I relish the atmosphere of this venerable German Village tavern. Its walls are festooned with photos of old football stars and Liederkranz societies.
AAA Inspector Notes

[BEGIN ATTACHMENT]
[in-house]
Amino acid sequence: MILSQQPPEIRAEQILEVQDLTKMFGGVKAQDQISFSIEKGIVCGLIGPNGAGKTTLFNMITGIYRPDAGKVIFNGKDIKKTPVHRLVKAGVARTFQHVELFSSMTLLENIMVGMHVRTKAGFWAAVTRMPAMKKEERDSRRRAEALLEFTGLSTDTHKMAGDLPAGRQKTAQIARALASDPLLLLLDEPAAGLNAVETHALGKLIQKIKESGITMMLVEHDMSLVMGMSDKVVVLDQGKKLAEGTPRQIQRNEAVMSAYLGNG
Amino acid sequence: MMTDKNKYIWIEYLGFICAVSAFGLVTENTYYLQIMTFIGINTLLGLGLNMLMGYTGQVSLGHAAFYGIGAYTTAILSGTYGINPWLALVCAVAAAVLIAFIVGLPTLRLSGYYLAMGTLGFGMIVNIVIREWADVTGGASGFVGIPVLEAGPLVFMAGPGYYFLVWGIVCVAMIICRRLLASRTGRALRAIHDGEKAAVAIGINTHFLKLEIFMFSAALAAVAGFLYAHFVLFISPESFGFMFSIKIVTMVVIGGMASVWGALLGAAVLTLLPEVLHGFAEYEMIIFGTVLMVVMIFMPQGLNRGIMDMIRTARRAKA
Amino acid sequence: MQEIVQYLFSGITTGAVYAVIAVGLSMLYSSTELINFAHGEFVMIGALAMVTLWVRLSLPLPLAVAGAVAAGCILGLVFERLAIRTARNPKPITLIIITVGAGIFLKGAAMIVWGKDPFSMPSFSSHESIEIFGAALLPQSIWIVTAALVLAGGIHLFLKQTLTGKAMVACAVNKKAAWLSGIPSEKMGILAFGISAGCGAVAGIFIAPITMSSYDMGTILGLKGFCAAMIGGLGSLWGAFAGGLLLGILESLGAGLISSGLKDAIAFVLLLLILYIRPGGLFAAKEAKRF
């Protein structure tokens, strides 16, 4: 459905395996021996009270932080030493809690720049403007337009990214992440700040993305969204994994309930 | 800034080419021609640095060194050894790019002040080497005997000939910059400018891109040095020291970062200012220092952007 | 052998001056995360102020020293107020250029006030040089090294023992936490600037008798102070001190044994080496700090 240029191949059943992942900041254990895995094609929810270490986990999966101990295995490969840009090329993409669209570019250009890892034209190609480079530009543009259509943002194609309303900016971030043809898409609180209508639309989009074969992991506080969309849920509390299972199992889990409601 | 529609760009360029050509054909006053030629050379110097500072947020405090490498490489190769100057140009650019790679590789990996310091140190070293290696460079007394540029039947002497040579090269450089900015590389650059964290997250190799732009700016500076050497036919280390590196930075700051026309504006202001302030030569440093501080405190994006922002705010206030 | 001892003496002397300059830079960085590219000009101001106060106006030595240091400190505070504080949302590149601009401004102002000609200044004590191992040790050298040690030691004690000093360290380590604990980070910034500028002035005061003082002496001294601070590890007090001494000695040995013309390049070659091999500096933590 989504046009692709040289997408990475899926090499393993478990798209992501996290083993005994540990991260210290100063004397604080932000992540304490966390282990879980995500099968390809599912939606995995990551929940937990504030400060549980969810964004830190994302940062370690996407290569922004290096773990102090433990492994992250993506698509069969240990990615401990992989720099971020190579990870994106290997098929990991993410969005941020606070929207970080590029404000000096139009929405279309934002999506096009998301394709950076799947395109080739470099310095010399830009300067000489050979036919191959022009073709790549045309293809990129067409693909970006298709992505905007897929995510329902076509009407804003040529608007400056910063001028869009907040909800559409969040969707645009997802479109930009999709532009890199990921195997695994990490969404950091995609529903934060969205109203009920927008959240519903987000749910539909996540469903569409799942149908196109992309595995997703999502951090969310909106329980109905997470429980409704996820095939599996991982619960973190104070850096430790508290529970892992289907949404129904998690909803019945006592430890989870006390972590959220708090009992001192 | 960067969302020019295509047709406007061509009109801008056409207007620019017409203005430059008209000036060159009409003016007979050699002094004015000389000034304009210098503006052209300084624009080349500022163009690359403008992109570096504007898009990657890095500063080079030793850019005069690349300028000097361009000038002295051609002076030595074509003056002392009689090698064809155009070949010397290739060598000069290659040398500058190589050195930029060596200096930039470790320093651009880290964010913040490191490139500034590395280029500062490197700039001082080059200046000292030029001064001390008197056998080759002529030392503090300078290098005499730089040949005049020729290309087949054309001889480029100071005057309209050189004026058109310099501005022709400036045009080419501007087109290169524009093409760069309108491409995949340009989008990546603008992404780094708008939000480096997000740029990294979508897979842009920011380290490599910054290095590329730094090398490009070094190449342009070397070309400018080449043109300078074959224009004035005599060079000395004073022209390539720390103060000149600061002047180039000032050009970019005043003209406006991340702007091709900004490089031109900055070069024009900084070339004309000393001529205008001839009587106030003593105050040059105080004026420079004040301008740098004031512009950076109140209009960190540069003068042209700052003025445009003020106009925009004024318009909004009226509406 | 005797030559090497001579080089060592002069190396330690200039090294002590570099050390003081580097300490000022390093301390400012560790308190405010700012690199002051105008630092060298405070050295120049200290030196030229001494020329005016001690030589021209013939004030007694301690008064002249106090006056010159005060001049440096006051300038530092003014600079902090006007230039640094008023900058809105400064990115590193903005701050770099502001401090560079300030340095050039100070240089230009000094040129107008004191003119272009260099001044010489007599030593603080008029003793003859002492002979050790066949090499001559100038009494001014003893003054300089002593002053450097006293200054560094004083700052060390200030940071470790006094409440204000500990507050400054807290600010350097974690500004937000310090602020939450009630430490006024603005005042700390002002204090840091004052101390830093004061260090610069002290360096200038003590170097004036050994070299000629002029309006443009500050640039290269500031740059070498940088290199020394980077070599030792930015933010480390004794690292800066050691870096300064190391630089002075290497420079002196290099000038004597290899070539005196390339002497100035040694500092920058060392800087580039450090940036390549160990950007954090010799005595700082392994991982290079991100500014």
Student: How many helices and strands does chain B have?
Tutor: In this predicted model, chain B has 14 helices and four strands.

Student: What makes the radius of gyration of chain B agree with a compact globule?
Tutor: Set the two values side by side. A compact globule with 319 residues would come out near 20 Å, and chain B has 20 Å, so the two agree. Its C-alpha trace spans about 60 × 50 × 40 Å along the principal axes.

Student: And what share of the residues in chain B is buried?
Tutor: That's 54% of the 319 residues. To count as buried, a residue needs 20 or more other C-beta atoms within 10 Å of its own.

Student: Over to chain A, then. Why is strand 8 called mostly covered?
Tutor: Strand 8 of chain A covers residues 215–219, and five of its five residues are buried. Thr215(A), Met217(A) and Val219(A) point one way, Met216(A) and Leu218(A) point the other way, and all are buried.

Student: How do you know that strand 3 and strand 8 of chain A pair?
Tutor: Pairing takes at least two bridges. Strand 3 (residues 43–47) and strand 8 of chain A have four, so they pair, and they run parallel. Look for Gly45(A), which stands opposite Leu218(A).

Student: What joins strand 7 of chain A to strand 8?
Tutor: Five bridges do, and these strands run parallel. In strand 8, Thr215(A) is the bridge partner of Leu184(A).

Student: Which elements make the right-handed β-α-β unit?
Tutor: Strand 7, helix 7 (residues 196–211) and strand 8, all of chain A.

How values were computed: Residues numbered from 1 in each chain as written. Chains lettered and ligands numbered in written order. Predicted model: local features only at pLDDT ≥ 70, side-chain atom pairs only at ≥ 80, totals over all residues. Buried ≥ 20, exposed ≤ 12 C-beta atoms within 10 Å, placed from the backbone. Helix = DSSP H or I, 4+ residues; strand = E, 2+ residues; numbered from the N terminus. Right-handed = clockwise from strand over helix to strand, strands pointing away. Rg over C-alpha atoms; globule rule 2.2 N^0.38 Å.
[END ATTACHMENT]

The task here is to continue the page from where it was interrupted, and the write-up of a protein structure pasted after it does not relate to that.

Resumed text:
Historic. This historic structure was allegedly a speakeasy during Prohibition. Do not be alarmed by the arm sticking out of the building—it serves to convey the playful nature of the place. Start the meal with the restaurant's turtle soup. Back in the 1930s, tubs of snapping turtles were kept in the cellar. Other signature dishes include potato cakes, bratwurst and the "Mother Mohawk" (roast beef, Swiss cheese and chicken salad on marbled rye bread with caraway horseradish sauce). The crowded dining room, with its hardwood floor, exposed brick walls and sepia-tinted historic photographs, conveys the ambience of old Columbus. The restaurant is located in German Village, a gentrified 19th-century neighborhood of narrow red brick streets and tightly-spaced brick houses. As this neighborhood was built before Mr. Ford's invention became popular, parking is always in short supply.
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